The Masters: Rory McIlroy gets blown off course as Scheffler, De Chambeau and Homa lead way

World number two is 10 shots off lead, with Shane Lowry also struggling in windy conditions in Augusta

Rory McIlroy was put through the wringer, suffering his fair share of hardship – perhaps even some misery – in a second round of the Masters where survival, ultimately, was his only consolation on a day where rounds stretched to six hours and winds gusting to 35 miles per hour tested the mental fortitude of one and all.

As world number one Scottie Scheffler, playing in the same group as McIlroy along with Olympic champion Xander Schauffele, managed – as has become his way – to stave off any disasters to join fellow-Americans Max Homa and Bryson DeChambeau in a three-way share of the midway lead on six-under-par 138, the Northern Irishman’s quest to complete the career Grand Slam was all but slammed shut in his face.

The strength of the gusts were such that cones from the towering cathedral pines were thrown around the course, and sand blown from bunkers as if in a desert storm, and McIlroy – who failed to make a single birdie – was among those who couldn’t handle the conditions in signing for a 77 for four-over-par 148, 10 strokes behind the leading trio.

Shane Lowry fared better, even if frustrated with a 74 for 147 that put the Offaly man in tied-30th heading into the weekend.


There were many players who lost rhyme and reason in the brutal wind, which not only buffeted players and caddies but had them questioning yardages and second-guessing club selection in the difficult conditions. Viktor Hovland, for one, had a moment of madness when missing a tap-in from a matter of inches in running up a double bogey seven on the 15th en route to an 81 (10 shots worse than his opening round) to miss the cut.

That cut fell on six-over-par 150 with 60 players (50th and ties) surviving into the weekend, although two Major champions – US Open winner Wyndham Clark and British Open champion Brian Harman – were not among them. Defending champion Jon Rahm, at one point, was outside the cut mark after a double-bogey on the 14th but rallied well for a 76 for 149 to make it by a stroke.

“My golf swing felt horrific for the last six or seven holes, just from sitting around. Especially that 11th hole, it felt like it took an hour to play that hole. It was stop and start, hard to get into a rhythm with the conditions, and obviously how slow the play was as well,” said McIlroy of failing to get any mojo.

For McIlroy – in his 10th attempt at the Masters to complete the career Grand Slam – it was as if that missing piece of the jigsaw was blown away in the wind. If he is to complete the puzzle over the weekend, it will be only with a performance akin to a miracle. The largest ever comeback after 36 holes was an eight-shot deficit by Jackie Burke back in 1956.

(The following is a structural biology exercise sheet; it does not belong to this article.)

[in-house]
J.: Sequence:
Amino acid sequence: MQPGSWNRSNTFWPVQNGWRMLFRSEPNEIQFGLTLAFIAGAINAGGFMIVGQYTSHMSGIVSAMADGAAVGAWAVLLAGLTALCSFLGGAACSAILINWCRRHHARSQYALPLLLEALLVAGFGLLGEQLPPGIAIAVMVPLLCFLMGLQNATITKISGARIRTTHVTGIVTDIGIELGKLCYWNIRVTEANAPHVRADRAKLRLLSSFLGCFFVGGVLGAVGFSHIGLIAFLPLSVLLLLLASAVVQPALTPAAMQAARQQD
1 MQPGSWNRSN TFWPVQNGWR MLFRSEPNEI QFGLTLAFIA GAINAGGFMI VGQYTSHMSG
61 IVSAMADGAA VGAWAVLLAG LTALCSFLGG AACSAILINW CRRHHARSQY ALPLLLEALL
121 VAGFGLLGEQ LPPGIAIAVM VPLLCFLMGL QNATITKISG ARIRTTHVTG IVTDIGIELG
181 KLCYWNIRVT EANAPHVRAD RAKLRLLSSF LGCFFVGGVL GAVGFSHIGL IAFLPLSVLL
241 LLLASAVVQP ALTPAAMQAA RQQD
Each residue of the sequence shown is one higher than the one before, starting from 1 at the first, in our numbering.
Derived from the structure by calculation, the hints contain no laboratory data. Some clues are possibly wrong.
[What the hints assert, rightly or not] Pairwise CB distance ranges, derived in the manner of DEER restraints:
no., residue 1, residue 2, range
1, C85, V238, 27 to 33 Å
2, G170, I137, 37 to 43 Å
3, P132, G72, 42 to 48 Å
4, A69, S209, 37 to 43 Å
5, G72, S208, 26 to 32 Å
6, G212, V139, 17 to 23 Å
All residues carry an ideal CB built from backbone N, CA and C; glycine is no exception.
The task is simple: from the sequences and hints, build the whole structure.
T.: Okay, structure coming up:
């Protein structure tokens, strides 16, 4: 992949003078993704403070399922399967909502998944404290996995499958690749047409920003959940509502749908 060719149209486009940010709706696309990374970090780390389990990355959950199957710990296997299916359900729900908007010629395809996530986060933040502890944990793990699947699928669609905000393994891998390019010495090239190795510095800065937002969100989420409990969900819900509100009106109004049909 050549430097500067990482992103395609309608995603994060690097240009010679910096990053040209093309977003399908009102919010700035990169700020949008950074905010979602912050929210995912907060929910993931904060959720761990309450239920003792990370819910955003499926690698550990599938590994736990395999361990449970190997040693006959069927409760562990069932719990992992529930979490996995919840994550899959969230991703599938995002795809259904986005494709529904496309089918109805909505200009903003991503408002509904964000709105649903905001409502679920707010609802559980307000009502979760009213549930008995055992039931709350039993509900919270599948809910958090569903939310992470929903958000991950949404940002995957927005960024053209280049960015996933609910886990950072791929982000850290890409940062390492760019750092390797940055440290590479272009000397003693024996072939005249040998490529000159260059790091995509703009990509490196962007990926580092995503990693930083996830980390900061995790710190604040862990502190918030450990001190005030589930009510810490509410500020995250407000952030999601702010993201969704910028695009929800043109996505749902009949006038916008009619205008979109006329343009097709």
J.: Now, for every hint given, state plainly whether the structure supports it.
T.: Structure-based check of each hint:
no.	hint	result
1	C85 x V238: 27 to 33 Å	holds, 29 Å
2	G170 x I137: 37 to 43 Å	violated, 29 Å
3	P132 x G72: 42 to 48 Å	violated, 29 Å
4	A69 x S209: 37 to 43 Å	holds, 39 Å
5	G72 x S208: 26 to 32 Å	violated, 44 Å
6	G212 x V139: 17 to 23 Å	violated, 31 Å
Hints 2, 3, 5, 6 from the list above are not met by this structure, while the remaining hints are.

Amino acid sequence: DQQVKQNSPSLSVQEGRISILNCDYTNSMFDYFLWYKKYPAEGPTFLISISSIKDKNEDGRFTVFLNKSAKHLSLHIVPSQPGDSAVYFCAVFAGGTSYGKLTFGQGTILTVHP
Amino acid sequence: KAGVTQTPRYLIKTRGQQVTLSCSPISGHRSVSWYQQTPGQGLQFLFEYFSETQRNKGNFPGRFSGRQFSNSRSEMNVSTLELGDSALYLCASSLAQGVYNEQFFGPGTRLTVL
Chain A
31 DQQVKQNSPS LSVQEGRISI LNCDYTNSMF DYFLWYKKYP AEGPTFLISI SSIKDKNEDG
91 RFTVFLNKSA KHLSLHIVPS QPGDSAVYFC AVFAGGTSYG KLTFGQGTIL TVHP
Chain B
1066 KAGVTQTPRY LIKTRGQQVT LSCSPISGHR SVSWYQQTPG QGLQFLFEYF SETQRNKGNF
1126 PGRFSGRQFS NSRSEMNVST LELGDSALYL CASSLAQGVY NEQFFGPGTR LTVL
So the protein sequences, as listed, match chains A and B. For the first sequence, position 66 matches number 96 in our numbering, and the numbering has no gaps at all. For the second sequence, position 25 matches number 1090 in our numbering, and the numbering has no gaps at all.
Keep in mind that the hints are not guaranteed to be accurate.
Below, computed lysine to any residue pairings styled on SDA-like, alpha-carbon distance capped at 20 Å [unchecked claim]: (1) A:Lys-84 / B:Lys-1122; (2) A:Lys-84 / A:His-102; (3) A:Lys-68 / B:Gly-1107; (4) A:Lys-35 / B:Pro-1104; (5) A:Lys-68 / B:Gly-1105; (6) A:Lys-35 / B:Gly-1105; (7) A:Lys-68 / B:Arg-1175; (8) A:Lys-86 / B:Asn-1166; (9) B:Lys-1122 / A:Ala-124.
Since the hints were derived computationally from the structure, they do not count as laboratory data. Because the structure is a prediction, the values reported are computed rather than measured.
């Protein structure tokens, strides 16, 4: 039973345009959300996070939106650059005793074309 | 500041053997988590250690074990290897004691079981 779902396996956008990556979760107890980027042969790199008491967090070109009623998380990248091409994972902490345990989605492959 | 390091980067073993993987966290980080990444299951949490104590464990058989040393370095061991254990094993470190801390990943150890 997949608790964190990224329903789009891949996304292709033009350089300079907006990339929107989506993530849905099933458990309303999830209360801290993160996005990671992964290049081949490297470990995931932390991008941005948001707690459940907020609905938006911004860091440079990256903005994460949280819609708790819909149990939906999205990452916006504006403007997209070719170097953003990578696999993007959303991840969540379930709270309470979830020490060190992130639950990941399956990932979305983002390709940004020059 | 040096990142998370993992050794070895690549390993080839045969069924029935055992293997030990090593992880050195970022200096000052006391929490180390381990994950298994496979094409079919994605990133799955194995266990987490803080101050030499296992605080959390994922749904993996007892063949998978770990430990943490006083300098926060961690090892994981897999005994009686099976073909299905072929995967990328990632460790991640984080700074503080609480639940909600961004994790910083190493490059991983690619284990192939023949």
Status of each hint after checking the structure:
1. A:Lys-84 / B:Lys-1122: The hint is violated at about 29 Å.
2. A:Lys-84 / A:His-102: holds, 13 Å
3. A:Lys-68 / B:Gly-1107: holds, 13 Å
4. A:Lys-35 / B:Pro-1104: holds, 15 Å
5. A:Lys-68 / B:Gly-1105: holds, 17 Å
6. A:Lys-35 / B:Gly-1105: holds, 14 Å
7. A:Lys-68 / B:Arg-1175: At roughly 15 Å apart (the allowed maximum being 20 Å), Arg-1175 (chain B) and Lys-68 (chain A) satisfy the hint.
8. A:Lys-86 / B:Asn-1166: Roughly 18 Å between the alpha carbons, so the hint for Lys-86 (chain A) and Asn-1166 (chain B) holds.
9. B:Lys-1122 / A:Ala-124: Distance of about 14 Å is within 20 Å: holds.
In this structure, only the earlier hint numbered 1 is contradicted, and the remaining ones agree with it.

“It was just a really tough day, just one of those days that I couldn’t really get anything going. It was just a matter of trying to hang in there as best you could,” claimed McIlroy, who managed to get some favourable bounces back into play off the pine trees after wayward drives. One case in point came on his closing hole, where he managed to make a remarkable par which could yet provide some momentum into the weekend.

But it is a very tall order for the world number two, as – having had a close-up view of Scheffler’s control for the first two rounds – he knows only too well.

“I won from 10 back in Dubai at the start of the year [on the DP World Tour],” recalled McIlroy. “But obviously the Dubai Desert Classic and the Masters are two very different golf tournaments. We’ll see. Hopefully the conditions are a little better [on Saturday]. I still think I can go out [in the third round] and shoot a low one, get back into red numbers, and have half a chance going into Sunday,” insisted McIlroy.

Meanwhile Tiger Woods set a new record of consecutive cuts made, his 24th, in the Masters. Woods – using a fade off the tee to keep control of his ball – walked, gingerly at times on a surgically fused ankle, for 23 holes, completing the final five holes of his first round and then all 18 of a second.

Not quite like the Woods of old, lacking fluidity and rhythm, but back again as a headline act, even if it was another of those in his grouping, Max Homa, who headed into the weekend eyeing a green jacket.

“I’m tired. I’ve been out for a while, competing, grinding. It’s been a long 23 holes, a long day. But Lance [Bennett, caddie] and I really did some good fighting today, and we’ve got a chance. I’ve always loved playing here. I’ve been able to play here since I was 19-years-old. It’s one of the honours I don’t take lightly, being able to compete. The years I have missed, I wish I was able to play because there’s such an aura and mystique about playing this golf course that I don’t think that – unless you have played and competed here, you probably don’t really appreciate,” said Woods.

Philip Reid

Philip Reid

Philip Reid is Golf Correspondent of The Irish Times